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Getting around may be a bit disorienting at first, giving players full freedom in their movement unlike traditional, grounded FPS games. A tilting mechanic allows your Agents vision to lean left or right respectively to annihilate those pesky viruses from around corners. Your Agent can carry three cycle canisters, which act as magazines for all of your weapons, and three health canisters that heal you overtime when activated. Boosting propels you in any direction you’re travelling to help you reach your destination much quicker or to help you escape from enemies. Throughout the game, you will meet several programs which make for some interesting characters. A lot of them are corrupted and have been driven mad in the process, which makes for some funny dialogue with Oracle. They reminded me a lot of the personality spheres from Portal. Puzzles are abundant as you must try to find keys to get to power-ups or to advance further in the campaign.

As you progress, you will find several collectible items which include emails and spam mails. Emails provide backstory to where the worm might have come from and a general storyline from the computer’s user; spam mail is exactly what you would expect it to be. Experience, measured in megabytes and kilobytes, determine when you may “update” via three skill trees which include Optimize, Analyse, and Debug. Optimize focuses more on mobility and increases speed, Analyse takes the more direct approach of damage and firing rate, and Debug is a bit more on the tanky side while increasing health.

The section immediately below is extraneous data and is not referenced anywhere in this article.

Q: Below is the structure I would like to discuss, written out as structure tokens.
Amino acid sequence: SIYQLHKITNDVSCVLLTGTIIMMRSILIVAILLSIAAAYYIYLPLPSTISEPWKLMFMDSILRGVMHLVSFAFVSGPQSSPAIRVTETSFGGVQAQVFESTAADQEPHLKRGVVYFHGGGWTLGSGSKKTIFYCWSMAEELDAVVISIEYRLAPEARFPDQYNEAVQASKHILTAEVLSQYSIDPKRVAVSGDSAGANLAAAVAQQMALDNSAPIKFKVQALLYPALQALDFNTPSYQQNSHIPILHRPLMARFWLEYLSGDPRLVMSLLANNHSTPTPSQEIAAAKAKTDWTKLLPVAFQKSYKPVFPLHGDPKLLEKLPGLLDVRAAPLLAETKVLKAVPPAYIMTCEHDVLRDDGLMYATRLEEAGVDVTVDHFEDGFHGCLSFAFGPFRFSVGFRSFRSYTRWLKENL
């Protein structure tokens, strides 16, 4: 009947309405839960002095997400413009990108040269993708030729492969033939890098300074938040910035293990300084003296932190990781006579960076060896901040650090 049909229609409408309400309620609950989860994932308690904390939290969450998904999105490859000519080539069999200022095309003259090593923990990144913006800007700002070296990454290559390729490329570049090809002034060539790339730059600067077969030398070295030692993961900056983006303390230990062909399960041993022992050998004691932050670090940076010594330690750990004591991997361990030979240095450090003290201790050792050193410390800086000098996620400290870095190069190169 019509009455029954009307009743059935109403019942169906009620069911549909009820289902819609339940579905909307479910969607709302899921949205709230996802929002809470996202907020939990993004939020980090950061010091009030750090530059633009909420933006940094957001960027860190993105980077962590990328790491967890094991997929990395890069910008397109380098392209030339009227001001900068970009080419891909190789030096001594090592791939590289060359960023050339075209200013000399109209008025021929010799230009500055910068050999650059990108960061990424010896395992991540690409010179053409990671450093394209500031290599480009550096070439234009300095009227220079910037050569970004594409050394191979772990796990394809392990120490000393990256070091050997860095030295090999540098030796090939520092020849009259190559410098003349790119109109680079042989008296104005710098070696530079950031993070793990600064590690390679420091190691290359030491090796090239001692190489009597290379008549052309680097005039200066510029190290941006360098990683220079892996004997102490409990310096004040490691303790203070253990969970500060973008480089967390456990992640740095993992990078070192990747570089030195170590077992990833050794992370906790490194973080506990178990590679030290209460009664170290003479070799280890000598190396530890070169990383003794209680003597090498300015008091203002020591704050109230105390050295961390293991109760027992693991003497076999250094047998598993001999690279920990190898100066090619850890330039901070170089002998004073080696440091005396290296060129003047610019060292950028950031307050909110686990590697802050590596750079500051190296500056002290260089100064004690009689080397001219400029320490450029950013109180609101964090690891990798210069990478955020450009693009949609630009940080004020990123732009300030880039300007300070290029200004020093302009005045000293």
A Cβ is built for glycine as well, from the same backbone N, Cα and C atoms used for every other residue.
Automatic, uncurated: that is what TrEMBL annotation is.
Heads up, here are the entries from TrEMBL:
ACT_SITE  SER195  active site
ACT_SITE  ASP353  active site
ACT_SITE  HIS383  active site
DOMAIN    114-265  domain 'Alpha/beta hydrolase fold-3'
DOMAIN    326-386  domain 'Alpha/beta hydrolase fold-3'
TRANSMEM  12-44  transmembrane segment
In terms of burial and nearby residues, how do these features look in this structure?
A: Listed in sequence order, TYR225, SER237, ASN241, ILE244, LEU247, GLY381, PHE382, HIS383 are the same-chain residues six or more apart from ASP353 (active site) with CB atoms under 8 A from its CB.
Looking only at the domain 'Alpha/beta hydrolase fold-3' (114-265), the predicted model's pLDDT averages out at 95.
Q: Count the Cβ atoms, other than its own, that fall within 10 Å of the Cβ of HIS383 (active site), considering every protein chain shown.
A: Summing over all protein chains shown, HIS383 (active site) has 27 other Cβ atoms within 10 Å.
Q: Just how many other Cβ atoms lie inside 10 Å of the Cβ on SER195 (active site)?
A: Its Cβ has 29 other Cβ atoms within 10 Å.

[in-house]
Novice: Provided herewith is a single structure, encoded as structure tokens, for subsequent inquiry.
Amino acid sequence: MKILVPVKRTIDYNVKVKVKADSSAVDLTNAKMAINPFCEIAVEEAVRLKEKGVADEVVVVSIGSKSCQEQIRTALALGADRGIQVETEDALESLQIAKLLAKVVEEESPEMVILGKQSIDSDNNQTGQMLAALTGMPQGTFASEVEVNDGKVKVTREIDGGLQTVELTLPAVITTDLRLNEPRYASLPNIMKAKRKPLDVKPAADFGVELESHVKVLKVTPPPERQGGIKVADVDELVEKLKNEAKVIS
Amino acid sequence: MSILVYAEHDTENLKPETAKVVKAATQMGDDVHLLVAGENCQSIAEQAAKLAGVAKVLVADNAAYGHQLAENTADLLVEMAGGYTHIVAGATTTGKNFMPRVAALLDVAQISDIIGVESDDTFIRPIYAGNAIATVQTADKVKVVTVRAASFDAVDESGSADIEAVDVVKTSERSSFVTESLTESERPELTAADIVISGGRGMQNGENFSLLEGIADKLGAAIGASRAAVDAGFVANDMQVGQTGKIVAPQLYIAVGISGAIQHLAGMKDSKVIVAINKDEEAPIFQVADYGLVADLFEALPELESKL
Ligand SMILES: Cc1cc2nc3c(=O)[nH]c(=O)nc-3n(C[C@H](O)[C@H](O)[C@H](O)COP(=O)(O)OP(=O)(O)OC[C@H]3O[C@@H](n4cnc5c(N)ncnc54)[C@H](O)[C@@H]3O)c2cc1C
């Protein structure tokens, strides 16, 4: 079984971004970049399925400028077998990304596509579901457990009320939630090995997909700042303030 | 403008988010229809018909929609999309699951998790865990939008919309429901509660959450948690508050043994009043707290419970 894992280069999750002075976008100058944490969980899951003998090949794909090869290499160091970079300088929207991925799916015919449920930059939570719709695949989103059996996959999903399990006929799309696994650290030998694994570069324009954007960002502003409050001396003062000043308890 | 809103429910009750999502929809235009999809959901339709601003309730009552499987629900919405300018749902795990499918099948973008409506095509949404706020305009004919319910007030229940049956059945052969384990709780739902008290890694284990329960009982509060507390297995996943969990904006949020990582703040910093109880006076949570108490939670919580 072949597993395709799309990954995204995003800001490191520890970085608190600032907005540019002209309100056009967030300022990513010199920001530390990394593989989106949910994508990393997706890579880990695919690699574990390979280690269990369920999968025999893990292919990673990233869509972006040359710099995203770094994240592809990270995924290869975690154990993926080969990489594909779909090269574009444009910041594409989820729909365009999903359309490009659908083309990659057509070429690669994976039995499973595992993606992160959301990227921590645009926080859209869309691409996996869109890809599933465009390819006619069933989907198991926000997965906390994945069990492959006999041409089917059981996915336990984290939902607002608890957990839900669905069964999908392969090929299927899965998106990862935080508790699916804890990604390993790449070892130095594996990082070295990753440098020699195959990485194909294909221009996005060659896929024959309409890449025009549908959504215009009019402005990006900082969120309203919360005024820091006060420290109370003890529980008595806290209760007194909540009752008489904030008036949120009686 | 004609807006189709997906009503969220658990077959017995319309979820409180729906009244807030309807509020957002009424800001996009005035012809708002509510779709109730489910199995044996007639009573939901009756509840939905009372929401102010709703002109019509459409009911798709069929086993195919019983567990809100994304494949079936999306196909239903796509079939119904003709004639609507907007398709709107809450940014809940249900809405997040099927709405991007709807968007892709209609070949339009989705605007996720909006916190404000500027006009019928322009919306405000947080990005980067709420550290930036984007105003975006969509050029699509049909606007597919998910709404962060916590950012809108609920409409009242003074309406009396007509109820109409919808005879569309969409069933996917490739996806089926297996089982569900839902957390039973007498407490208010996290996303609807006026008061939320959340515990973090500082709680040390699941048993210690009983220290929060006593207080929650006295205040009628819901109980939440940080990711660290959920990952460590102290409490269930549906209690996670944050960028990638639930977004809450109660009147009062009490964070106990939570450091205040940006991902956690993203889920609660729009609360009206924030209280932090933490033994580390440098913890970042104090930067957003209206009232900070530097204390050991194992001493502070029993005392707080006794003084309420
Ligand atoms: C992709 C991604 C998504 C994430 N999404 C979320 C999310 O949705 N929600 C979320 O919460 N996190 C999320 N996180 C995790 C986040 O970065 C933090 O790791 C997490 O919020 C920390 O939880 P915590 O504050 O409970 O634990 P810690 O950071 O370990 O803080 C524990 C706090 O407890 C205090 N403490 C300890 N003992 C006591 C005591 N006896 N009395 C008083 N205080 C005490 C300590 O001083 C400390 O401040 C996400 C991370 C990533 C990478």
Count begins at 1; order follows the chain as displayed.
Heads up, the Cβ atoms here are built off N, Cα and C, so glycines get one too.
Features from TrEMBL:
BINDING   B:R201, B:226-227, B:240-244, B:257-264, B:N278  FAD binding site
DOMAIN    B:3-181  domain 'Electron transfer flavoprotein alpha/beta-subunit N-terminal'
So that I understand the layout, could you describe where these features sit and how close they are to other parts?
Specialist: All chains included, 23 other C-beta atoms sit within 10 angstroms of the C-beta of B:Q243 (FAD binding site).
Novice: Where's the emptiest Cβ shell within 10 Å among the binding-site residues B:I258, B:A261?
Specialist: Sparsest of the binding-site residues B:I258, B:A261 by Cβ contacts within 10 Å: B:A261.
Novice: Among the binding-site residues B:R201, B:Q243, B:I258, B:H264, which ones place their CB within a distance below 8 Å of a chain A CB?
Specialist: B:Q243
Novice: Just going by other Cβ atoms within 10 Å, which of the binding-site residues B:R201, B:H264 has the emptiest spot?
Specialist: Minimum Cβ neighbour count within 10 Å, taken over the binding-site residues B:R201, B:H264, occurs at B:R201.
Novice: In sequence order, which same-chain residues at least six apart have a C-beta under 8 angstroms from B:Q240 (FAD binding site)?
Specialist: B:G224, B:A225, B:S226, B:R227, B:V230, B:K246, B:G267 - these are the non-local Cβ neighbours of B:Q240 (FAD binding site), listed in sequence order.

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While not too overly complicated, Retrovirus does a great job of delivering a fresh shooter that may bring back memories of older games for many people, appropriately living up to the “retro” in its title. For only $20, Retrovirus is a great choice if you’re looking for an action-packed, indie shooter. Fly wherever you want, desolate viral scum, and discover a cool mechanical world! No longer will I look at my antivirus software the same way. Somewhere within my computer, there’s an antivirus agent actively standing guard against invasive viral infections. At least, that is what I tell myself now.

tl;dr

  • $20 for hours of entertainment
  • Fun array of weaponry
  • Cool and colorful mechanical world
  • Good soundtrack
  • Freedom flying system may be a bit disorienting at first
  • Shooting may become a bit repetitive for some

Available on: PC; Publisher: Cadenza Interactive; Developer: Cadenza Interactive; Players: 1 – 4; Released: January 31, 2013; ESRB: NA; MSRP: $19.99; Official Site

Note: A promotional code was provided to Denkiphile for review purposes by the publisher.